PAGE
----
The Township’s public school district has been warned to budget more than $15 million for a proposed Teaneck-based virtual charter school in a scenario that could lead to sweeping cuts to programs and staff, District Superintendent Barbara Pinsak said Wednesday.
In a letter to the district, the state said Teaneck should allocate more than $15 million for “planning purposes” in its 2012-13 budget for the Garden State Virtual Charter School, Pinsak said. The state Education Department will announce in January if the charter is approved to open.
The $15.4 million warning represents 20 percent of the Teaneck public school budget, Pinsak said.
“$15 million is devastating,” Pinsak said. “I’m shocked.”
The charter’s proposed cost to Teaneck would force the district to cut at least 60 to 80 positions at all levels, Pinsak said. Other possible impacts would be increased class sizes, the end of school trips and activities, cuts to school busing, consolidating private school bus stops and outsourcing custodians.
On top of the cuts, Pinsak said the Board of Education might still have to ask voters approve a tax increase.
“It’s very concerning to me,” Pinsak said. "We'll be looking at the legal aspects of it."
State Education Department spokesman Justin Barra said the district wasn't required to budget the total amount.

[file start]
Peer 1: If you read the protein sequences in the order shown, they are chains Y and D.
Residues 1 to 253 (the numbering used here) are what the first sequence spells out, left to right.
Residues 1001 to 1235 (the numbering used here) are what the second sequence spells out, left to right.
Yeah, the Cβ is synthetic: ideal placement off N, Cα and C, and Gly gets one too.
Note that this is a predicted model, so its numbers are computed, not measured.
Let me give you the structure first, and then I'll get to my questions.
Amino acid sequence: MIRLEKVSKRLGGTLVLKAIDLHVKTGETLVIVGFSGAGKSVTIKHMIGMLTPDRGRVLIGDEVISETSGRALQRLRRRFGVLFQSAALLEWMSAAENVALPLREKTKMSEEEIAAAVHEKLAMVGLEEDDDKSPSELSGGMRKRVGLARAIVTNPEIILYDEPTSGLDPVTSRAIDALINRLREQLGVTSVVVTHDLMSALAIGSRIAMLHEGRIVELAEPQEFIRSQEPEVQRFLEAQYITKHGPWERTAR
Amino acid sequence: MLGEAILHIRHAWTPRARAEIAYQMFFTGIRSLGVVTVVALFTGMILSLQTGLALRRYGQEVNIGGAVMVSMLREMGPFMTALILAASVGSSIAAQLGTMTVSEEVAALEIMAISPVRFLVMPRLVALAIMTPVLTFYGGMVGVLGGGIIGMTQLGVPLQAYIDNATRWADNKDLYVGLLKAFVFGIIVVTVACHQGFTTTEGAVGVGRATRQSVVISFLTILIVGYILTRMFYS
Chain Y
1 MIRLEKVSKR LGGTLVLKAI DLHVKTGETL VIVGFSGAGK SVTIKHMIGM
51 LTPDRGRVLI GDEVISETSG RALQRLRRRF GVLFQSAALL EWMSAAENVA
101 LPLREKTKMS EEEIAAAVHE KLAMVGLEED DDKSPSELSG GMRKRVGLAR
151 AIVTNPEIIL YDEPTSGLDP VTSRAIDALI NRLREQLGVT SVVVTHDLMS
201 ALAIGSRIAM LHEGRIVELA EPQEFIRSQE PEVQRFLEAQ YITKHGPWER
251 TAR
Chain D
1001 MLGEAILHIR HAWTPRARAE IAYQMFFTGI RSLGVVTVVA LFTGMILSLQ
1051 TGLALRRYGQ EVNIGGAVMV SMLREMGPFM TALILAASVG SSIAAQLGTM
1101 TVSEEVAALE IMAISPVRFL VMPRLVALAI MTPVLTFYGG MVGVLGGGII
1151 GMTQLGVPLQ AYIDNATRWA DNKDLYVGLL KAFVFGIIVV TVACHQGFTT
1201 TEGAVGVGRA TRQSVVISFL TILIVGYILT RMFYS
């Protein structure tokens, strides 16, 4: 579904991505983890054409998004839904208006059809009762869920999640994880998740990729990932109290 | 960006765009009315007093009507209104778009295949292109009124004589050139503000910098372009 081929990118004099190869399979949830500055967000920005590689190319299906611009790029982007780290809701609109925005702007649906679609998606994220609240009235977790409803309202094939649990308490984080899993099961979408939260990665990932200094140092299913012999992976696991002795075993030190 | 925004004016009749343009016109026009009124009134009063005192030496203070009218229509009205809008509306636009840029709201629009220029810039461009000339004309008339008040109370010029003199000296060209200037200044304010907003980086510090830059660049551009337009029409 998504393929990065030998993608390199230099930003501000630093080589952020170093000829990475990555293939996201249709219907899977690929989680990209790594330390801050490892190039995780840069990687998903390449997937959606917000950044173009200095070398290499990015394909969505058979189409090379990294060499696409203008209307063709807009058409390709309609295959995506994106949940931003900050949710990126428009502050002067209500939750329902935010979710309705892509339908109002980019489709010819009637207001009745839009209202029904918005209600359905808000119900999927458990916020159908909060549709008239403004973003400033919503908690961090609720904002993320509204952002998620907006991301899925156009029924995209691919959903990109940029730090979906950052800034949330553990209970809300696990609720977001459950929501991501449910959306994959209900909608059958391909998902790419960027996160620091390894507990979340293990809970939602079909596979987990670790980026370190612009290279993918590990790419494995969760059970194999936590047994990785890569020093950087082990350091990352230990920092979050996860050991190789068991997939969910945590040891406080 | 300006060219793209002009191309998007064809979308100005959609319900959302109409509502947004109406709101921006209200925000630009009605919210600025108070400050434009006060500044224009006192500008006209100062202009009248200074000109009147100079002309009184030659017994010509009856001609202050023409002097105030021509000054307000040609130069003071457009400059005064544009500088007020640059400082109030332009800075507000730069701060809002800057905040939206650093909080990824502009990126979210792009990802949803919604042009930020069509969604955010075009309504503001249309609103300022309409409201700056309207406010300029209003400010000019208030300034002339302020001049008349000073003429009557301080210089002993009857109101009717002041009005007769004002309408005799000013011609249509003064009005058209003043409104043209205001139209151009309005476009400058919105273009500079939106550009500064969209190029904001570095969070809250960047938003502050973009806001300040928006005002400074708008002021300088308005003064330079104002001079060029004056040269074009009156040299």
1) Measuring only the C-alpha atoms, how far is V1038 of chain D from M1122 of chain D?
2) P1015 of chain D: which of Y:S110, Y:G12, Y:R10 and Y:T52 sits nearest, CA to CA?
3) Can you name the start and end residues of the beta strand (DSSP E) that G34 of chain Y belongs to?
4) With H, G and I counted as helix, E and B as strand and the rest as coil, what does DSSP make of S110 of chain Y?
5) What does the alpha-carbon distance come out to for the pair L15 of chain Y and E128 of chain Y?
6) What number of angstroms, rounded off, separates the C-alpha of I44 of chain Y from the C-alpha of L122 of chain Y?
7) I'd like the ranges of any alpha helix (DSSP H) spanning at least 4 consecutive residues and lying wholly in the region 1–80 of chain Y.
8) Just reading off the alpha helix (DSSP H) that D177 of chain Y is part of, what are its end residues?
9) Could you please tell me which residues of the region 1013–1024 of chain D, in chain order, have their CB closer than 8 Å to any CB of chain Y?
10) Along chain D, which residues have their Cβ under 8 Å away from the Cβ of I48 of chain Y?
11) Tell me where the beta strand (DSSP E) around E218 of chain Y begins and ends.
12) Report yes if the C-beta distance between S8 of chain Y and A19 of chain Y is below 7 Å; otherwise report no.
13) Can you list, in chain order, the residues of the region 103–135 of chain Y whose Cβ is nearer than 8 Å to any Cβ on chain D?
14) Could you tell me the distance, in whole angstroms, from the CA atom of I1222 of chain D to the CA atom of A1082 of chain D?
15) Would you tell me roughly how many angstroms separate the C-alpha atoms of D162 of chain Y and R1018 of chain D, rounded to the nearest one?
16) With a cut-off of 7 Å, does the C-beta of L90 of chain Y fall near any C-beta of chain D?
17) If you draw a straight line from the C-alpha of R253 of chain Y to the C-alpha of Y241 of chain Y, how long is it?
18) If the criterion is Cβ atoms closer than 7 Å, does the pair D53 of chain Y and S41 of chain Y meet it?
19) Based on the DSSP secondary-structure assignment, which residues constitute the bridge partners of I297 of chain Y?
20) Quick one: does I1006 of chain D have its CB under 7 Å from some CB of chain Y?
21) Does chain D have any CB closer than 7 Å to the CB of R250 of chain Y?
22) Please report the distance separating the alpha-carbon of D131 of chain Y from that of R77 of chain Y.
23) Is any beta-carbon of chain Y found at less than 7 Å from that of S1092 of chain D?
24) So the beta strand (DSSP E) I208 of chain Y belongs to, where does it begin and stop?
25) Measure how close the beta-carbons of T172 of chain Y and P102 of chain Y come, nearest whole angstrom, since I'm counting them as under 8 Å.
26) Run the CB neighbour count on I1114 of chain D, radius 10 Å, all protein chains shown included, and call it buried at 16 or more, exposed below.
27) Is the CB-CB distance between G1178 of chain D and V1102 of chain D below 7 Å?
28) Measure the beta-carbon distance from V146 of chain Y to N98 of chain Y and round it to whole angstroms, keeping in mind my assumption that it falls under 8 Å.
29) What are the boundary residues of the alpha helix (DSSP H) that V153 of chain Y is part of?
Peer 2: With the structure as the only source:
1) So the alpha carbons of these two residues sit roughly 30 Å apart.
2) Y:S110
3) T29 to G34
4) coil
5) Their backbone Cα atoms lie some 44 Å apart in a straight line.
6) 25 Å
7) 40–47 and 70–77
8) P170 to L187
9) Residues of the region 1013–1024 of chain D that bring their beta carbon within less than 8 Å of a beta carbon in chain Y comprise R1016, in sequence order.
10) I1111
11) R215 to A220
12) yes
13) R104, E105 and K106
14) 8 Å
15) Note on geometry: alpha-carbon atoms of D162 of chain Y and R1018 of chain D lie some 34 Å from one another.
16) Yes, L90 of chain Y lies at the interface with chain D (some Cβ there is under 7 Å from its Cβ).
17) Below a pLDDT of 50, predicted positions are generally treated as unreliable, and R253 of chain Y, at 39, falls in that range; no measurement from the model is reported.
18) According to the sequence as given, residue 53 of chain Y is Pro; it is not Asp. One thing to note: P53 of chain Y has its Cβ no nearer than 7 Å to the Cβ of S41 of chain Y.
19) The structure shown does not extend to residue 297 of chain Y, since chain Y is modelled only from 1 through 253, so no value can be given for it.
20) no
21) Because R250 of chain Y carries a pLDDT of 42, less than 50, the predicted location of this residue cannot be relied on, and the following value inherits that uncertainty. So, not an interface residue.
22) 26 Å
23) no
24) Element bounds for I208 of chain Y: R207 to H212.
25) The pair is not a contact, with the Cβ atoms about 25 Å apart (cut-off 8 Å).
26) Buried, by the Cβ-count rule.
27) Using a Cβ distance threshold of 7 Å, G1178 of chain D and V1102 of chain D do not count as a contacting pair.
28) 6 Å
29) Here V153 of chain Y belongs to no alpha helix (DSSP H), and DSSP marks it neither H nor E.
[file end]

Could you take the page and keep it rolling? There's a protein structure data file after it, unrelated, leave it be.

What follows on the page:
"There's not an absolute obligation that they budget this amount," Barra said. "This is a tool for them."
The state's estimate is based on potential enrollment from Teaneck, he said.
"We do our best to make a projection," Barra said.
, which plans to offer an online curriculum, has proposed to serve 1,000 K-12 students statewide in its first year. The number of students from Teaneck is not yet known and would impact the final costs locally. State officials calculated the sum by attributing the maximum possible enrollment to Teaneck students.
Still, Pinsak said the district cannot ignore the state’s recommendation in its budget process.
Officials set aside money for charter schools first, she said.
Charter school founder Jason Flynn, of Teaneck, said the school did not anticipate the majority of its students would be from Teaneck. The Township was listed as the charter school's home district, but students statewide can attend if the school is approved. Each of the student's home districts would be required to pay per enrollee.
"This is a statewide virtual charter school," Flynn said. "The funding of an individual follows the backpack."
The charter school would cater to unique groups of students, including those with physical disabilities and those in urban areas who are not selected for existing charter schools.
"It has to be the right kind of kid," he said.
The initial budget projection was high because the law required estimates to be made using Teaneck's cost per pupil, Flynn said. The online school would have significantly less cost per pupil and not have added expenses of a large school building. The school would open a drop-in center in Teaneck, with most instruction done via Web conferencing.
Flynn said he hoped to work with Teaneck school officials, and meet with State Senator Loretta Weinberg and state education officials.